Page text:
Monday, September 21, 2009

On Writing Well

Have you experienced the calm that follows reading great writers? It works better than most headache medicines. It soothes the soul to allow beautiful passages to seep in.

I've been reading On Writing Well by William Zinsser, and quickly discovered that the book is amazing. Never before have I paid so much attention to words and phrases. Even skimming will make you a better writer.

Take, for instance, his advice on style:
"First, then, learn to hammer the nails, and if what you build is sturdy and serviceable, take satisfaction in its plain strength."
There is great wisdom in the carpentry metaphor. Writing is a utilitarian act - it must be functional above all else. The most beautiful chair in the world is no good if you can't sit on it. Strip down to the essential. Those who excessively employ "big words" usually do so out of anxiety, not confidence. Only after you build the framework can you add ornament. Style takes a lifetime to develop.

I'll close with two of my favorite quotes (so far) of the book:

"Telling a writer to relax is like telling a man to relax while being examined for a hernia"

"You are writing for yourself. Don't try to visualize the great mass audience. There is no such audience - every reader is a different person."

Wednesday, September 9, 2009

Why Must My Interests Define Me?

A curious kitty. Un ejemplo de curiosidad.Image via Wikipedia

I suppose it's the nature of my brain. When some new curiosity pops up, I exert much effort towards thinking it through, finding out more about it. I dive in head-first, and I don't like to be bothered to come back up for air. When, inevitably, something else pops up, my interest drags me away. I'm the guy who's dog is really walking him, instead of the other way around. As the metaphor implies, it feels like I don't really have control.

What's really strange is that, today, it is expected that we form our identity around our interests. I, for one, have a hard time doing this. I change my interests too much.

It bugs me beyond belief when someone I haven't talked to in awhile asks me how x is going, even though x hasn't crossed my mind in two years. How strange that someone's entire mental image of me centers around something that was only a passing curiosity. I can't help but feel that they have no idea who I am.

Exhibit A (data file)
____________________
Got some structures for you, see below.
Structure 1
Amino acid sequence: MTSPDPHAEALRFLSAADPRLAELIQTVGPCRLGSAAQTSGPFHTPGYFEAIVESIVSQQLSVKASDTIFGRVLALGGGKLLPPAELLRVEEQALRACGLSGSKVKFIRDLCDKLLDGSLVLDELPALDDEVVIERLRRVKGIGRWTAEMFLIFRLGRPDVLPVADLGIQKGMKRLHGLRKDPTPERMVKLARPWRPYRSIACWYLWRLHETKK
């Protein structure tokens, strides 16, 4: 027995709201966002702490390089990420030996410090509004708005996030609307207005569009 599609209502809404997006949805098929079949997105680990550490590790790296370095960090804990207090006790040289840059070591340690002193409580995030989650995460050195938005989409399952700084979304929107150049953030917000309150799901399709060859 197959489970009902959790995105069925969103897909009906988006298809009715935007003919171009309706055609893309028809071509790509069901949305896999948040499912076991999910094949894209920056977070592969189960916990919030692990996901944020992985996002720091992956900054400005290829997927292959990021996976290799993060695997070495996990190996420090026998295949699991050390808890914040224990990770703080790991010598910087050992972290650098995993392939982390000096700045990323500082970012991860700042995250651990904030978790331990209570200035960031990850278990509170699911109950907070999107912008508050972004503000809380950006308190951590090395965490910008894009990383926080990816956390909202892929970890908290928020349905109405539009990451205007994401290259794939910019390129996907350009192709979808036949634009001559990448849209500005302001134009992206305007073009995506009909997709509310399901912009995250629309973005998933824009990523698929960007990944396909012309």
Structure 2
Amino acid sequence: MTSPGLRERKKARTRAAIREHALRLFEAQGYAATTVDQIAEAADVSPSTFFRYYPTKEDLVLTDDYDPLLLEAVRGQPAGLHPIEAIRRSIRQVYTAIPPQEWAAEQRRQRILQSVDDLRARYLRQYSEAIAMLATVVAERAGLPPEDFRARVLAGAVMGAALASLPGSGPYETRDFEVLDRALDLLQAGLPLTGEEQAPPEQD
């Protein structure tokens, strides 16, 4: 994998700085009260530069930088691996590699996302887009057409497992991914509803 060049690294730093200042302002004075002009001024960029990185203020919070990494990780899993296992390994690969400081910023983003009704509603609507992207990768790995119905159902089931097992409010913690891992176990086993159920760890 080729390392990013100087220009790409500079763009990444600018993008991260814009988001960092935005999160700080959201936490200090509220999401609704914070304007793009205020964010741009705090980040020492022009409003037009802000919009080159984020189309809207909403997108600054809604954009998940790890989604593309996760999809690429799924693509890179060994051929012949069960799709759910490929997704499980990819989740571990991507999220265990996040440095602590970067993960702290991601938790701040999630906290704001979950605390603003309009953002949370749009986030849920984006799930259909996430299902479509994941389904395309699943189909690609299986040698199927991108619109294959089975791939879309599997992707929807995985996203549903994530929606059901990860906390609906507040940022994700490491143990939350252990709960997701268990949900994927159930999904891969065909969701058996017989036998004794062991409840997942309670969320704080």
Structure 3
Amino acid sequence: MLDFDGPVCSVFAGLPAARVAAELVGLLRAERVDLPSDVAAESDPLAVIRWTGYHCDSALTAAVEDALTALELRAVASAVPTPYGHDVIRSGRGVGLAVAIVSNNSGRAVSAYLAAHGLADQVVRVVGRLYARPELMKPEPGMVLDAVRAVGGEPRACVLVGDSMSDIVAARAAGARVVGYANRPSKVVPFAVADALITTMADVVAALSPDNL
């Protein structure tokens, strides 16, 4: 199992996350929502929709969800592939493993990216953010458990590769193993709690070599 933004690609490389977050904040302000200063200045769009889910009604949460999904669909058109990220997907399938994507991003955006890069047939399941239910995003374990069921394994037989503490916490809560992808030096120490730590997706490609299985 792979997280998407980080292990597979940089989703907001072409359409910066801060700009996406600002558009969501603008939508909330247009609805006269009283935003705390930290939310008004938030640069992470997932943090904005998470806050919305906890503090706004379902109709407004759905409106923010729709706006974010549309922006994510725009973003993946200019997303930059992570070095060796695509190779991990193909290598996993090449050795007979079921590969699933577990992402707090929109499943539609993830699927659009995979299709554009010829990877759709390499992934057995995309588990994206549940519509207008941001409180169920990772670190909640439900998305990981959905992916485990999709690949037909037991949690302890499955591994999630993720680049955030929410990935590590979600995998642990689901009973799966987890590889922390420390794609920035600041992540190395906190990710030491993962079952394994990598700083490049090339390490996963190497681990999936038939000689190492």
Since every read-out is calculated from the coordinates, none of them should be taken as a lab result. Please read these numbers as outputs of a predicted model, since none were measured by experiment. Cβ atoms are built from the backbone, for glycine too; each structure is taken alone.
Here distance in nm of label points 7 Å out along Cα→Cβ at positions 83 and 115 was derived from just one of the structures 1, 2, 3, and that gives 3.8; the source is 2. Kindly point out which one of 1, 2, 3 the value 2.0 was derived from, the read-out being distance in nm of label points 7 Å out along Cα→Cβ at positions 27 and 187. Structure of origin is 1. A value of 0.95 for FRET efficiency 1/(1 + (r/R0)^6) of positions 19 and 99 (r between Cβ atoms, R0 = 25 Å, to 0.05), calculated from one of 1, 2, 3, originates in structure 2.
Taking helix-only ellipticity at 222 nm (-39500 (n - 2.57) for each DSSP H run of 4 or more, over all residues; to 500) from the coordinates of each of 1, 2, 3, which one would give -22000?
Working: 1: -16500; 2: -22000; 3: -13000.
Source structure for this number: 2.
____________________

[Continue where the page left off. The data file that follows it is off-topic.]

We're confronted with the challenge of defining ourselves in terms of our curiosities at all turns in life. People ask us: "what do you do?" (or if you're in college: "what's your major?") before they ask anything else. They check out our books, magazines, blogs, facebook "info" pages, groups we're involved with, etc. They attach eternal significance to chance topics of conversation we initiate. They judge us accordingly. Their opinion of our interests becomes their opinion of us.

In truth, I suspect that we are in far less control of our interests than we may believe. I might even say that there are no true interests - only curiosities that have overstayed their natural course, due to convenience or other personal attachments.

In my own life I have noticed that I can be interested in anything, if I find the correct point of entry. Most of the time, we only see the external appearance of a subject, and it doesn't make sense to us, so we dismiss it. There are things that I am not gripped by (chemistry, for instance), but that doesn't mean that I couldn't be gripped by it. All I need is the time and a proper introduction. I think that's all anyone needs.

To be clear, a proper introduction does not mean "Chemistry 101". A proper introduction is more like having a real sense of the unknown, the itch that the subject tries to scratch. Some people are so infectious with their itch, that they give their itch to us. These are what we call good communicators.

People who get you itchy are, and always will be, rare.

The prevailing wisdom of today is that the internet will enable a cornucopia of long-tail tribes to flourish. I doubt the niches will be as charismatic as some would describe. Maybe your business benefits from the capitalist principle of specialization, and you are a peddler of highly-specific-use wares. Maybe there are about 50 others like you, now able to connect for the first time due to the internet.

I don't think a tribe will form around it. Capitalism's long tail of trade vastly outstretches the human talent to get others itchy.
Reblog this post [with Zemanta]